Canada’s crop and livestock producers expect to benefit soon from a free trade agreement with Ukraine, on which the two countries’ governments have now formally completed talks.
Prime Minister Stephen Harper announced Tuesday, during a visit from Ukraine’s Prime Minister Arseniy Yatsenyuk, that trade negotiations between the two countries wrapped up in Kiev on July 9, and now go to the respective governments for ratification votes.
A further timeline wasn’t released, except to say the two countries aim “to have the agreement in force as soon as possible.” Negotiations had been ongoing since 2009.
The agreement, as announced Tuesday, calls for elimination of “the vast majority” of Ukraine’s tariffs on Canadian agricultural and agri-food imports, the government said. That includes duty-free access for Canadian beef, pulses, grains, canola oil, processed foods and animal feed.
Canadian pork producers will benefit from improved access to Ukraine’s market by way of a “large” tariff rate quota (TRQ), an agreed-upon level under which frozen pork may enter Ukraine duty-free.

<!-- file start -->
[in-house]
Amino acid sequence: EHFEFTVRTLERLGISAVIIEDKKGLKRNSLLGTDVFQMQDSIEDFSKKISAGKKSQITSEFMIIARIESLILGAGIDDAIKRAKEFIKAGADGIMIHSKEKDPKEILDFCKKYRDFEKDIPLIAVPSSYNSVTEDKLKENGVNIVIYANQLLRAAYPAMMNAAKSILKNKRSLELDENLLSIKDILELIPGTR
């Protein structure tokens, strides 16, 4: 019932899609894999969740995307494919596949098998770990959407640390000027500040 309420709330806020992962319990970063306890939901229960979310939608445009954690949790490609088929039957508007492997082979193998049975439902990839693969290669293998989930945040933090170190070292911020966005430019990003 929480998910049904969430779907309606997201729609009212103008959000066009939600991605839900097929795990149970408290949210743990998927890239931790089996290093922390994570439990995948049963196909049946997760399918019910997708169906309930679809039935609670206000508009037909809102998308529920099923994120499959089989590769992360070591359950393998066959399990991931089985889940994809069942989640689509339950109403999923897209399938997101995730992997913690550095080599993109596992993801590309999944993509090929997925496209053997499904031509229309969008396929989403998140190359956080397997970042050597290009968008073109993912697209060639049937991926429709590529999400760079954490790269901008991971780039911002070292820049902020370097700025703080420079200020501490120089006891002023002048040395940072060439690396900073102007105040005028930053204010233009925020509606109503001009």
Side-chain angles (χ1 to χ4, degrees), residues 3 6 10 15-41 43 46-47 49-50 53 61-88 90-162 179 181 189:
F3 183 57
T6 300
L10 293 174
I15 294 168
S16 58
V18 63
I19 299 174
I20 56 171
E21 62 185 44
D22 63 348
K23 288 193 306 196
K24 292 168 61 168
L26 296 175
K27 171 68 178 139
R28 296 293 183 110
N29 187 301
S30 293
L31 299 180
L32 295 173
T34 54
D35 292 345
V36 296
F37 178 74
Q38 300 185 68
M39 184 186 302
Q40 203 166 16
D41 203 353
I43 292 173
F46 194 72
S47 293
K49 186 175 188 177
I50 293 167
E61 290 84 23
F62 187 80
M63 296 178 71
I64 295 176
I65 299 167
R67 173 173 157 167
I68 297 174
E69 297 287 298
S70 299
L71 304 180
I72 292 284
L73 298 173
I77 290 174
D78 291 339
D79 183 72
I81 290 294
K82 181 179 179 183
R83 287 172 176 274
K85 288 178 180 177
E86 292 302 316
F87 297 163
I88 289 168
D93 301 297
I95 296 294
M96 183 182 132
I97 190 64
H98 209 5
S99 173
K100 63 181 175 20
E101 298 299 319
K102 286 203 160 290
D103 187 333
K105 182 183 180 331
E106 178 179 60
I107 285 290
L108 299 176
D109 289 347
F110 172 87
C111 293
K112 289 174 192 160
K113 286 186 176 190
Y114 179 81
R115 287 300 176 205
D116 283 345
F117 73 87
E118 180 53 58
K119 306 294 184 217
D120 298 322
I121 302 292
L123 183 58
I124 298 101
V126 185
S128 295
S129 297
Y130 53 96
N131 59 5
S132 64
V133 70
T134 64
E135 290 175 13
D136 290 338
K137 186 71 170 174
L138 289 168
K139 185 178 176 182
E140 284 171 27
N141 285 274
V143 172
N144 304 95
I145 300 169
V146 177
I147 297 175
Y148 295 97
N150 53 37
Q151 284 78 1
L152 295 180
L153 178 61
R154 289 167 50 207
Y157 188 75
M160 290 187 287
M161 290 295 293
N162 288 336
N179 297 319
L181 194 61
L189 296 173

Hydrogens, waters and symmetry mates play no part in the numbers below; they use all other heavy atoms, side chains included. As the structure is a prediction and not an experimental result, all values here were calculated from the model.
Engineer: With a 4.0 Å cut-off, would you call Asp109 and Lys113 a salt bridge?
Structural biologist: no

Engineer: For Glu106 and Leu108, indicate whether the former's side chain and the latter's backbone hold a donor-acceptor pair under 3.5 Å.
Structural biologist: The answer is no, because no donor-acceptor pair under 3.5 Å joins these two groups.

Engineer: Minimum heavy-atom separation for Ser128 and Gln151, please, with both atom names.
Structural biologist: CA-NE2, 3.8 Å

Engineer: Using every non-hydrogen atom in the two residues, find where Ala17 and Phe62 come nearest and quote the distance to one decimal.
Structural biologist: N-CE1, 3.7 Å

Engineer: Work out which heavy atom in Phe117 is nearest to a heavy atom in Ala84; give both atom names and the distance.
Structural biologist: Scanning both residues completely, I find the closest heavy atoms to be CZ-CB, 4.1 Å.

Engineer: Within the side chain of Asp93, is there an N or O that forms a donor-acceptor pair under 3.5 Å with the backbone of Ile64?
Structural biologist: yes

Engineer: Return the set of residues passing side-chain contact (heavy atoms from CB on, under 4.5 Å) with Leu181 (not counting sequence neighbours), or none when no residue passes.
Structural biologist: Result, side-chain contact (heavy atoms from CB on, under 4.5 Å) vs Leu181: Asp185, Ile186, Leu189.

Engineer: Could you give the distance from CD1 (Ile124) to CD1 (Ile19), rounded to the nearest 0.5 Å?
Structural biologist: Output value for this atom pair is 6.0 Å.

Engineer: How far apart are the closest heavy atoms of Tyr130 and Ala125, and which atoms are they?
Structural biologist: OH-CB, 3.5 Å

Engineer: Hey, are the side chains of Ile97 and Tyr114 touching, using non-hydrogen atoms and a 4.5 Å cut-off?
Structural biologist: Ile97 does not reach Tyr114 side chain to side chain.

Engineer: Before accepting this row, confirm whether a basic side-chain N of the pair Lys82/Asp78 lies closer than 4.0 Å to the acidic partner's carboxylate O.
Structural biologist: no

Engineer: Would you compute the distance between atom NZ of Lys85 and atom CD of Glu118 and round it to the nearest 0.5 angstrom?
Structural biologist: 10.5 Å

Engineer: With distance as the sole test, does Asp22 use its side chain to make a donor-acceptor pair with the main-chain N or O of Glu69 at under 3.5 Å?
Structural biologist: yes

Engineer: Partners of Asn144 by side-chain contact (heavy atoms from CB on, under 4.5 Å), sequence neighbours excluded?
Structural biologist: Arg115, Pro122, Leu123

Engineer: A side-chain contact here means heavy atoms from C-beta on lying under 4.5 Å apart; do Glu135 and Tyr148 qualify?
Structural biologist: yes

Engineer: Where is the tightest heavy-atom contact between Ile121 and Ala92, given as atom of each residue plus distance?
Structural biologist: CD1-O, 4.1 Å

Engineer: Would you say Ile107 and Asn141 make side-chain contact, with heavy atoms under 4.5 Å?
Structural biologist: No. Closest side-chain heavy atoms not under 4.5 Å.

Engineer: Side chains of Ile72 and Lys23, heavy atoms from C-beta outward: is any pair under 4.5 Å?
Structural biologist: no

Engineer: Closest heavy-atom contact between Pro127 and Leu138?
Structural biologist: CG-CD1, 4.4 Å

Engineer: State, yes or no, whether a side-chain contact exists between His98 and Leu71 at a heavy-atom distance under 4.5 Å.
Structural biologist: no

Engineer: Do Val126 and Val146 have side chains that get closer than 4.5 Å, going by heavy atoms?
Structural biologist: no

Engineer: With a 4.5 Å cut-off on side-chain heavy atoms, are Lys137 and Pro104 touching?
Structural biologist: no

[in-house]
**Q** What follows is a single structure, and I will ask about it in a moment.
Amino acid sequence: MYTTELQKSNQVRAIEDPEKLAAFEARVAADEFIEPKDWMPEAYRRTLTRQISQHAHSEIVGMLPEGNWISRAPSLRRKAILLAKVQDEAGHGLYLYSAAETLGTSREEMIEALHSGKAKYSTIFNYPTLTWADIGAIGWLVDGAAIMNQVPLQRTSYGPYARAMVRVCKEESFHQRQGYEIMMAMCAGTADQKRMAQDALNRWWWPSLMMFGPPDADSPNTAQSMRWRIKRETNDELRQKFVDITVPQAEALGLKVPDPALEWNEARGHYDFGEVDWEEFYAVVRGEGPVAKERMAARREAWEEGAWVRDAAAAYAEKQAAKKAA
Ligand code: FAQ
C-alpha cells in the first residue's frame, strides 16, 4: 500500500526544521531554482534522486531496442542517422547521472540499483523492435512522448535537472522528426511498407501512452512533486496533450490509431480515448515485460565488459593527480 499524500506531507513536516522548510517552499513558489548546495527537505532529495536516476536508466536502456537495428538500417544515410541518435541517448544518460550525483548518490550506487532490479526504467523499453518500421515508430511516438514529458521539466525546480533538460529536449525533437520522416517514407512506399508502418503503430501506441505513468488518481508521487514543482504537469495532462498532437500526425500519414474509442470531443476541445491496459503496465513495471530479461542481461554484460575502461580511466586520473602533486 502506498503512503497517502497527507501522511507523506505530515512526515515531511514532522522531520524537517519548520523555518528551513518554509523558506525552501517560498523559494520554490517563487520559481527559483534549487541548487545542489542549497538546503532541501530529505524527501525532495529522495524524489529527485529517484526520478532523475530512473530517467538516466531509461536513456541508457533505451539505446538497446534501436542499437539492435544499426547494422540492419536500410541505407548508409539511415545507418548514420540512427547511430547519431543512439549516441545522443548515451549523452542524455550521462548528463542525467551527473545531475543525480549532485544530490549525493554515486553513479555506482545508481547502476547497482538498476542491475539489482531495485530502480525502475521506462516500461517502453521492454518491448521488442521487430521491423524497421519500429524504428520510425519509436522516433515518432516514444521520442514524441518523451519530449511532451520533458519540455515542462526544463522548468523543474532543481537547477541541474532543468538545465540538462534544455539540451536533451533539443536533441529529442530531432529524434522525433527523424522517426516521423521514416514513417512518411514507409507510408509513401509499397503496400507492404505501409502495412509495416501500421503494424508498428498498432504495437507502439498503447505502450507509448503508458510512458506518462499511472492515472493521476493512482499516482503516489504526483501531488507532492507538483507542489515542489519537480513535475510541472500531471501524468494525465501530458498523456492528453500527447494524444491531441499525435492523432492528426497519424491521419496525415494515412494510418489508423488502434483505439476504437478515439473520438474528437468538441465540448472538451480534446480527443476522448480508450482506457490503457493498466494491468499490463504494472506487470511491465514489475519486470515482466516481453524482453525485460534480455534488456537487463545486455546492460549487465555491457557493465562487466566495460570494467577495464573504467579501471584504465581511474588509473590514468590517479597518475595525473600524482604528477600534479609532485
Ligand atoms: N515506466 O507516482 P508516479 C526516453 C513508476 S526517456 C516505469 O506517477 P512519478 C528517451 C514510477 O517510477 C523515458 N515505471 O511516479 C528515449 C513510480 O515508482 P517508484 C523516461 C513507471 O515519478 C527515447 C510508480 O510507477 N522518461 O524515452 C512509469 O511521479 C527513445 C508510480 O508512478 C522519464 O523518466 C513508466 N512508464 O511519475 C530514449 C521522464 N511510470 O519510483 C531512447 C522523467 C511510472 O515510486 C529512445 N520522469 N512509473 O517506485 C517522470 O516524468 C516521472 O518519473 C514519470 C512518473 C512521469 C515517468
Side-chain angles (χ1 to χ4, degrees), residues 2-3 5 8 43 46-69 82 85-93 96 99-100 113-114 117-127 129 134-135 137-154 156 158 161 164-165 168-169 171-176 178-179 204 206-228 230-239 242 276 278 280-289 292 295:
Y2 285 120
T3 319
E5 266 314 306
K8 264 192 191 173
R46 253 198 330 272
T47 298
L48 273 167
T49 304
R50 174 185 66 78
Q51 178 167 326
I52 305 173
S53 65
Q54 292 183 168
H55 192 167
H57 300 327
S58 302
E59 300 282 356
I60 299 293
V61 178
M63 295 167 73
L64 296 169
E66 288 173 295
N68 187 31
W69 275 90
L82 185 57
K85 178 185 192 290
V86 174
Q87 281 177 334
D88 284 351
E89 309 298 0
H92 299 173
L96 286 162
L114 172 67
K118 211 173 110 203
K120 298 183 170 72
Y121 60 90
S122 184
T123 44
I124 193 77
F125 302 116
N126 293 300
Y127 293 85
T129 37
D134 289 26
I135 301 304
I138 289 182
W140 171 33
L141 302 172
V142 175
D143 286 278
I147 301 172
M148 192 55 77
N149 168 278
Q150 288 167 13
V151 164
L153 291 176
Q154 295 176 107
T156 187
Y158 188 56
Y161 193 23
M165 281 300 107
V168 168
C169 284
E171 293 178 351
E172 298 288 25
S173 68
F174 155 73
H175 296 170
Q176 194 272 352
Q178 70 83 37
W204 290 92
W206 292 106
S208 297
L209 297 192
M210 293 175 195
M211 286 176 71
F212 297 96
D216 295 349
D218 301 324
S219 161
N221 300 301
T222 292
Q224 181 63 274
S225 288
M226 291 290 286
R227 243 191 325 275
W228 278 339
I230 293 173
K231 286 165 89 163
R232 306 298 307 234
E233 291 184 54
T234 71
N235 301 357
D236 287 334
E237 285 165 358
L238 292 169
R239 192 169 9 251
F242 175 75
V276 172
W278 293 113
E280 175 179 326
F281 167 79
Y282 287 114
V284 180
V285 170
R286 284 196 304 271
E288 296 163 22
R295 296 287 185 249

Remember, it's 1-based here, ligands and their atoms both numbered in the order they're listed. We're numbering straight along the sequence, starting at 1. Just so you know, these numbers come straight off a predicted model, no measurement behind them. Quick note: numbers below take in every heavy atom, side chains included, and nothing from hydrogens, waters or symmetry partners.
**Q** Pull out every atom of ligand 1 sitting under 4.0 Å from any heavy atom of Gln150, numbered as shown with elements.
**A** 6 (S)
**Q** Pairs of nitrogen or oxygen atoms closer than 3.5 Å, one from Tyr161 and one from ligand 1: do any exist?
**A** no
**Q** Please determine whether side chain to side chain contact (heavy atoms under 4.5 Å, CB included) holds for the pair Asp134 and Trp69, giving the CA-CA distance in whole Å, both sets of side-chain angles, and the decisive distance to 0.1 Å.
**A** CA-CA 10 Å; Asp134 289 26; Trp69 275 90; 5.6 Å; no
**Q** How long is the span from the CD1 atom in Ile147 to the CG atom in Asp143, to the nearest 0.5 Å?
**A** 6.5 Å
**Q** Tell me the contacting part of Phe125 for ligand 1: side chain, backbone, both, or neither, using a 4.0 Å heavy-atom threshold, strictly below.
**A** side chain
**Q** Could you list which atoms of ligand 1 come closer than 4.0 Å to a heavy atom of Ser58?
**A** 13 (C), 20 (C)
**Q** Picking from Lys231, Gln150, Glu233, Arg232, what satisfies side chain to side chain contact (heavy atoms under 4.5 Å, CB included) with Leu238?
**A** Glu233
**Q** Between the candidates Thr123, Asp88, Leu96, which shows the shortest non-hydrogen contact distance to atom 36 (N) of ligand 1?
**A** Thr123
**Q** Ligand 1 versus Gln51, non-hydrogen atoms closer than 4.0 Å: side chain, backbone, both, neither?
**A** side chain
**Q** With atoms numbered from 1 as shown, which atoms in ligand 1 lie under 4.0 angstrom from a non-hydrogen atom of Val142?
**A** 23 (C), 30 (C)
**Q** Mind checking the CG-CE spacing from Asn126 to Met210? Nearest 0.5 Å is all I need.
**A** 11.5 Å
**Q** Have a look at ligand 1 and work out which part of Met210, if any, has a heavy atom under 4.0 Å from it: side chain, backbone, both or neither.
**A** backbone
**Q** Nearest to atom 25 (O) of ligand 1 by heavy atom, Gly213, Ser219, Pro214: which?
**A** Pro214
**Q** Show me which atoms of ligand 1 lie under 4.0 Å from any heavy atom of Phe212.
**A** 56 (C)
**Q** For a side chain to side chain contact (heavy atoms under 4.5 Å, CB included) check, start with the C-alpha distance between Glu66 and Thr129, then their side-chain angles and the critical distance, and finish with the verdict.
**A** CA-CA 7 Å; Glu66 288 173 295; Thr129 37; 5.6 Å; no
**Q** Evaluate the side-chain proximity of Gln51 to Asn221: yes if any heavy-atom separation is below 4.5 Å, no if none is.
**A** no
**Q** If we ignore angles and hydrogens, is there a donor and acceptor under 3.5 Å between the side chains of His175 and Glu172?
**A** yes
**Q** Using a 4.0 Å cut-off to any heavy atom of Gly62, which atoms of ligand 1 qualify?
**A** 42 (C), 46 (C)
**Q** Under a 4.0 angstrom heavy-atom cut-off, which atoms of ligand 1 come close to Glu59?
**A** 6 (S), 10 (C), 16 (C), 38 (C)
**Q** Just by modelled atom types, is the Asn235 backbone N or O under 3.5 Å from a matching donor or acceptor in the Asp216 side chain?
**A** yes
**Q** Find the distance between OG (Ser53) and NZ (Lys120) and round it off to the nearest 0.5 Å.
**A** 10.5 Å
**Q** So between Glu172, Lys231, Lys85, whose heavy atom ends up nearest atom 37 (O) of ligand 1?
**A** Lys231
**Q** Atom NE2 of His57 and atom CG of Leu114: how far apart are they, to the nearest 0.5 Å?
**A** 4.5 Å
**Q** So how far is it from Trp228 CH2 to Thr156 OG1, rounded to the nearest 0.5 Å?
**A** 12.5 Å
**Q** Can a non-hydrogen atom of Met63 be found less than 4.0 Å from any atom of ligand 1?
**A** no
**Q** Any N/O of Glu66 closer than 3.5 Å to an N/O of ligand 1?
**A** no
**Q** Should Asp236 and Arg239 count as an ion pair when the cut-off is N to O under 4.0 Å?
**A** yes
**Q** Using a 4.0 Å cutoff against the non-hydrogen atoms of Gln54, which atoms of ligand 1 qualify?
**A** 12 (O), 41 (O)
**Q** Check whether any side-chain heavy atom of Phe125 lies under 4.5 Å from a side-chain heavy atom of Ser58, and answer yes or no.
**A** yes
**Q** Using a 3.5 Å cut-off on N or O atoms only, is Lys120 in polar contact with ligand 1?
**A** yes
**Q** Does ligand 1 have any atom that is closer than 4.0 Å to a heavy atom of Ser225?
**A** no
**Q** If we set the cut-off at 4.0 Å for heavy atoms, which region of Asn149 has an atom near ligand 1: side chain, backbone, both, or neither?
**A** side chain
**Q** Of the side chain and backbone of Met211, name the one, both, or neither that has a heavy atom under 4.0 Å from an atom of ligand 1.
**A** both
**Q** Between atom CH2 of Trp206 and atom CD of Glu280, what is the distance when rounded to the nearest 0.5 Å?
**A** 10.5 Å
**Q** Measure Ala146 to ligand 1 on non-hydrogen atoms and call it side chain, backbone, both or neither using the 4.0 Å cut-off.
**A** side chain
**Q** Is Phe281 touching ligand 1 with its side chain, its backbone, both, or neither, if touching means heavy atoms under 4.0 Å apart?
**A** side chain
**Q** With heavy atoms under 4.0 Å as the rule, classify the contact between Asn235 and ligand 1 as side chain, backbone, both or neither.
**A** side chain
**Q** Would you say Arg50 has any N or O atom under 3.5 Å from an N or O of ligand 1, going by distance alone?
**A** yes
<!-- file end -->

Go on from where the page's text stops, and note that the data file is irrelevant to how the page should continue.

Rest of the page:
“We look forward to the upcoming visit by Ukrainian government inspectors which should allow additional Canadian pork processing plants to become eligible to export to Ukraine,” Canadian Pork Council chair Rick Bergmann of Steinbach, Man. said in a separate release Tuesday.
The pork sector, he said, has estimated the value of duty-free access for Canadian pork up to the TRQ at between $30 million and $40 million.
When fully implemented, a Canada-Ukraine free trade agreement will provide duty-free access to Ukraine for an “unlimited quantity” of beef and veal, duty-free access for 20,000 tonnes of frozen pork, and duty-free access for an unlimited quantity of fresh chilled pork, the Canadian Meat Council said in a separate release.
In 2014, by comparison, Canada’s meat exports to Ukraine included 25 tonnes of beef and veal products, valued at $47,000 and 2,031 tonnes of pork, valued at $4.4 million, the CMC said.
“A survey of Canada’s meat processors has confirmed the existence of a long-term interest in trade with Ukraine,” CMC president Joe Reda said, “not only as a supplier of high-quality protein to Ukraine’s 45 million citizens, but also in the context of Ukraine’s access to the European Union and its trade with the countries of eastern Europe.”
Across all sectors, the government said Tuesday, the deal would see Canada’s exports to Ukraine increase by $41.2 million per year, while Ukraine is expected to see a $23.7 million expansion in exports to Canada, mainly in textiles, apparels and metal products. — AGCanada.com Network
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